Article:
Find of the day, without a doubt, was a colony of Hayhurst's Scallopwings. This is a male. It was a "life" butterfly for everyone, although John knew what it was right away. They are southerners, barely ranging into Ohio, although their host plant, Lamb's-quarters, Chenopodium album, is absolutely an abundant weed. Overall they are rare in Ohio.

Red-spotted Purples are one of our showiest butterflies, and we had quite a few today. Their hosts are trees in the Salicaceae: willows, aspens, cottonwoods, etc. This individual is old, showing significant tattering of the wings and faded colors.

Man, this was a tough one to get a photo of! We saw a number of these Checkered Whites, which are like Cabbage Whites but much more heavily adorned with dark markings. They hardly ever stay still though, and it's pretty easy to dismiss them as the ubiquitous Cabbage Whites from afar. This one stopped for about 2.7 seconds to grab nectar from Buttonweed, Diodia teres, an interesting little plants of dry open soils.

While not a butterfly, still a very cool lepidopteran. This is a "hummingbird moth", Hemaris thysbe or possibly diffinis. They are actually mimics of bumblebees, which is probably a pretty good deterent to keep things from trying to snap you up. This is also a rare moment of repose, as these moths are usually seen on the wing and can be hard to photograph.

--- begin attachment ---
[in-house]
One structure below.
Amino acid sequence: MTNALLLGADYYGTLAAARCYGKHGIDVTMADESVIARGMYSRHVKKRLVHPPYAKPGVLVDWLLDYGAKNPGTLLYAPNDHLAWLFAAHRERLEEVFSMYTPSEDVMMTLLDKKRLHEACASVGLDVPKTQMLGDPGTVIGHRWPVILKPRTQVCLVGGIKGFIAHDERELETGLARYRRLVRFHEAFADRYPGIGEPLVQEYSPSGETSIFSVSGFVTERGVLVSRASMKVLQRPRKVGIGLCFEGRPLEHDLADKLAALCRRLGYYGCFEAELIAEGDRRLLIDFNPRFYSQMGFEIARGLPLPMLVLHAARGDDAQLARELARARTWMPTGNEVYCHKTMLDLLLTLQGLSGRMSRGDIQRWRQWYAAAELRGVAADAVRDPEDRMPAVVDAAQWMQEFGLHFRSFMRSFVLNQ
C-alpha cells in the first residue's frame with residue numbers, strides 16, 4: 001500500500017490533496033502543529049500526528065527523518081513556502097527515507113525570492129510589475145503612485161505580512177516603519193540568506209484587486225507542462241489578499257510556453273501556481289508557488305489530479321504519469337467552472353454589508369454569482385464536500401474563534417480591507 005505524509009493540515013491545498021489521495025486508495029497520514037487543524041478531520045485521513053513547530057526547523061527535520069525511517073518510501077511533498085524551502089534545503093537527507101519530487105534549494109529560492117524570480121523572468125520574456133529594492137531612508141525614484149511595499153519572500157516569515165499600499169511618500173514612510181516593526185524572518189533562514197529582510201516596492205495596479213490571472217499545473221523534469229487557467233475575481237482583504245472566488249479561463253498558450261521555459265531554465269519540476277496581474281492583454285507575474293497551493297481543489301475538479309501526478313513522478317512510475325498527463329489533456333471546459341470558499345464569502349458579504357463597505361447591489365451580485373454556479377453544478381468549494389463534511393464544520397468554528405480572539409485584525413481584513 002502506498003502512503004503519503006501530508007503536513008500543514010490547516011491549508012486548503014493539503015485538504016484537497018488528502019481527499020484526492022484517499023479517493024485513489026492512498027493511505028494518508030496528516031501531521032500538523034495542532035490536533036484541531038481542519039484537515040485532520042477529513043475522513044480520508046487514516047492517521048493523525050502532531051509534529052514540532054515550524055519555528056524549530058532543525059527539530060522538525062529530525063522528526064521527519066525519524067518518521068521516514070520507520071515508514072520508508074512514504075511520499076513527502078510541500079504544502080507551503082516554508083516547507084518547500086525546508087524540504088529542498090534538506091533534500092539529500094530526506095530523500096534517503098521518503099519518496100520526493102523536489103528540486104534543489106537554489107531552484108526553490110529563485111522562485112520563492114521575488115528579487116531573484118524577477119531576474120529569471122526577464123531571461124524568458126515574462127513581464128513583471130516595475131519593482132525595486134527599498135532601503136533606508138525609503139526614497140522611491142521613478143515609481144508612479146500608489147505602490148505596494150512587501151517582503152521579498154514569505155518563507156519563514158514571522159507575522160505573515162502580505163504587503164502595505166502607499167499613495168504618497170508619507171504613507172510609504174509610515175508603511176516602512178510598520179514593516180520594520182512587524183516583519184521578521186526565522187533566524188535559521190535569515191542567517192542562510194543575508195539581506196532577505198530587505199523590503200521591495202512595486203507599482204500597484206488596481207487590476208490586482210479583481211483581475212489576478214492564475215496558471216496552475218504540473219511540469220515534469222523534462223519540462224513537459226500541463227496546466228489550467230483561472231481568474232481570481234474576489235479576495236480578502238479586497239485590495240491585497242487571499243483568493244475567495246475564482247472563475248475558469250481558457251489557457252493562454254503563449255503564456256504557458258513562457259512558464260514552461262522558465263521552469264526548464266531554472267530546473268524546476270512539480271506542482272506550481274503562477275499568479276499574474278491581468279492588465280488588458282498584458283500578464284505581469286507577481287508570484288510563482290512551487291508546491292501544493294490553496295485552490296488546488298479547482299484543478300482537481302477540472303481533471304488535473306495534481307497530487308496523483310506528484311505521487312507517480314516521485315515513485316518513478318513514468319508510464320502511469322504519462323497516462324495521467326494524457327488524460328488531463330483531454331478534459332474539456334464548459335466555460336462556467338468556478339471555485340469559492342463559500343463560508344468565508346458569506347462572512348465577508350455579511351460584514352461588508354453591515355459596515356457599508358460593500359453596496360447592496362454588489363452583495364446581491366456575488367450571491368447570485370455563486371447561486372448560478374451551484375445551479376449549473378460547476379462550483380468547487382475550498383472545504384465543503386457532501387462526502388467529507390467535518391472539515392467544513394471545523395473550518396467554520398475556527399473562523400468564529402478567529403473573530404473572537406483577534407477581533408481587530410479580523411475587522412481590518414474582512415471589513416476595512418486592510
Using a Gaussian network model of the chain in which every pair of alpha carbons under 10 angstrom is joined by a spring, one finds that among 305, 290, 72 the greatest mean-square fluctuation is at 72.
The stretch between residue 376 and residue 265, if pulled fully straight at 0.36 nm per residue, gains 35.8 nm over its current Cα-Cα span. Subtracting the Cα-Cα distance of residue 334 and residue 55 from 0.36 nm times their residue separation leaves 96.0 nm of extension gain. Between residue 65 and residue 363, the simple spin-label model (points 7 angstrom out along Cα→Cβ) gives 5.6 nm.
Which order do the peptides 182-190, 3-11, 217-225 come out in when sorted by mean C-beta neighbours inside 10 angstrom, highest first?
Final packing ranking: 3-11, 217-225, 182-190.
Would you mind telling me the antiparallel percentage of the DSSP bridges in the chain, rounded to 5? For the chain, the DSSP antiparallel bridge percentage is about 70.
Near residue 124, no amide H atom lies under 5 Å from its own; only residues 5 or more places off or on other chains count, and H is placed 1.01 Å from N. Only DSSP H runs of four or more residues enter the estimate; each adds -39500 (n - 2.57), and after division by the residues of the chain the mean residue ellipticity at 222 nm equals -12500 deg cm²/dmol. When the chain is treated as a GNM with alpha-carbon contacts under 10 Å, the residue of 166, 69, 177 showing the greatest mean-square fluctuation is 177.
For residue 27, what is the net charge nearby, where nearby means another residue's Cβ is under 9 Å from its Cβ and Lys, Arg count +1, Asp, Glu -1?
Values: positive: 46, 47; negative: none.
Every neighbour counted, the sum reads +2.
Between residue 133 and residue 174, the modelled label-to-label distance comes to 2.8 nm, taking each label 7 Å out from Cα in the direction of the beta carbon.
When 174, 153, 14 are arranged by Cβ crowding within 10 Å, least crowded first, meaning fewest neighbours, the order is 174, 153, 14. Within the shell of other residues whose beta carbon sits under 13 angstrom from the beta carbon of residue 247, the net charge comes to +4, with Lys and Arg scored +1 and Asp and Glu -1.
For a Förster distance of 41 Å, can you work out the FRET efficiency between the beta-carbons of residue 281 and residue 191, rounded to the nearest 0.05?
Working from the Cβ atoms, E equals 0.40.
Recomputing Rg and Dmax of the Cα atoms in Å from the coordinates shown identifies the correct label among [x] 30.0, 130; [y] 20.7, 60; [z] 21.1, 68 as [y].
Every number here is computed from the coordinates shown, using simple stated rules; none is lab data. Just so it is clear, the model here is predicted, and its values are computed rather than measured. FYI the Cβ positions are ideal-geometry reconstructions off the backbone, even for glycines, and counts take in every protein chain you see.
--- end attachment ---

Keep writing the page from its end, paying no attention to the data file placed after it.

Had to toss in this interesting botanical find. It's Raccoon-grape, Ampelopsis cordata; first time I've seen it in Ohio. We found a small colony on a rather weedy floodplain of the Ohio River, but it is native. Raccoon-grape has only been collected in six southernmost counties and seems to be rather the rarity. I'd be interested in learning more of it's status and distribution in Ohio.

Common Sootywing. We saw a number of these today, and at a distant glance they appear rather unremarkable. Get them close and in good light and sootywings are very showy; dark brown with the hind wings edges burnished with a coppery color.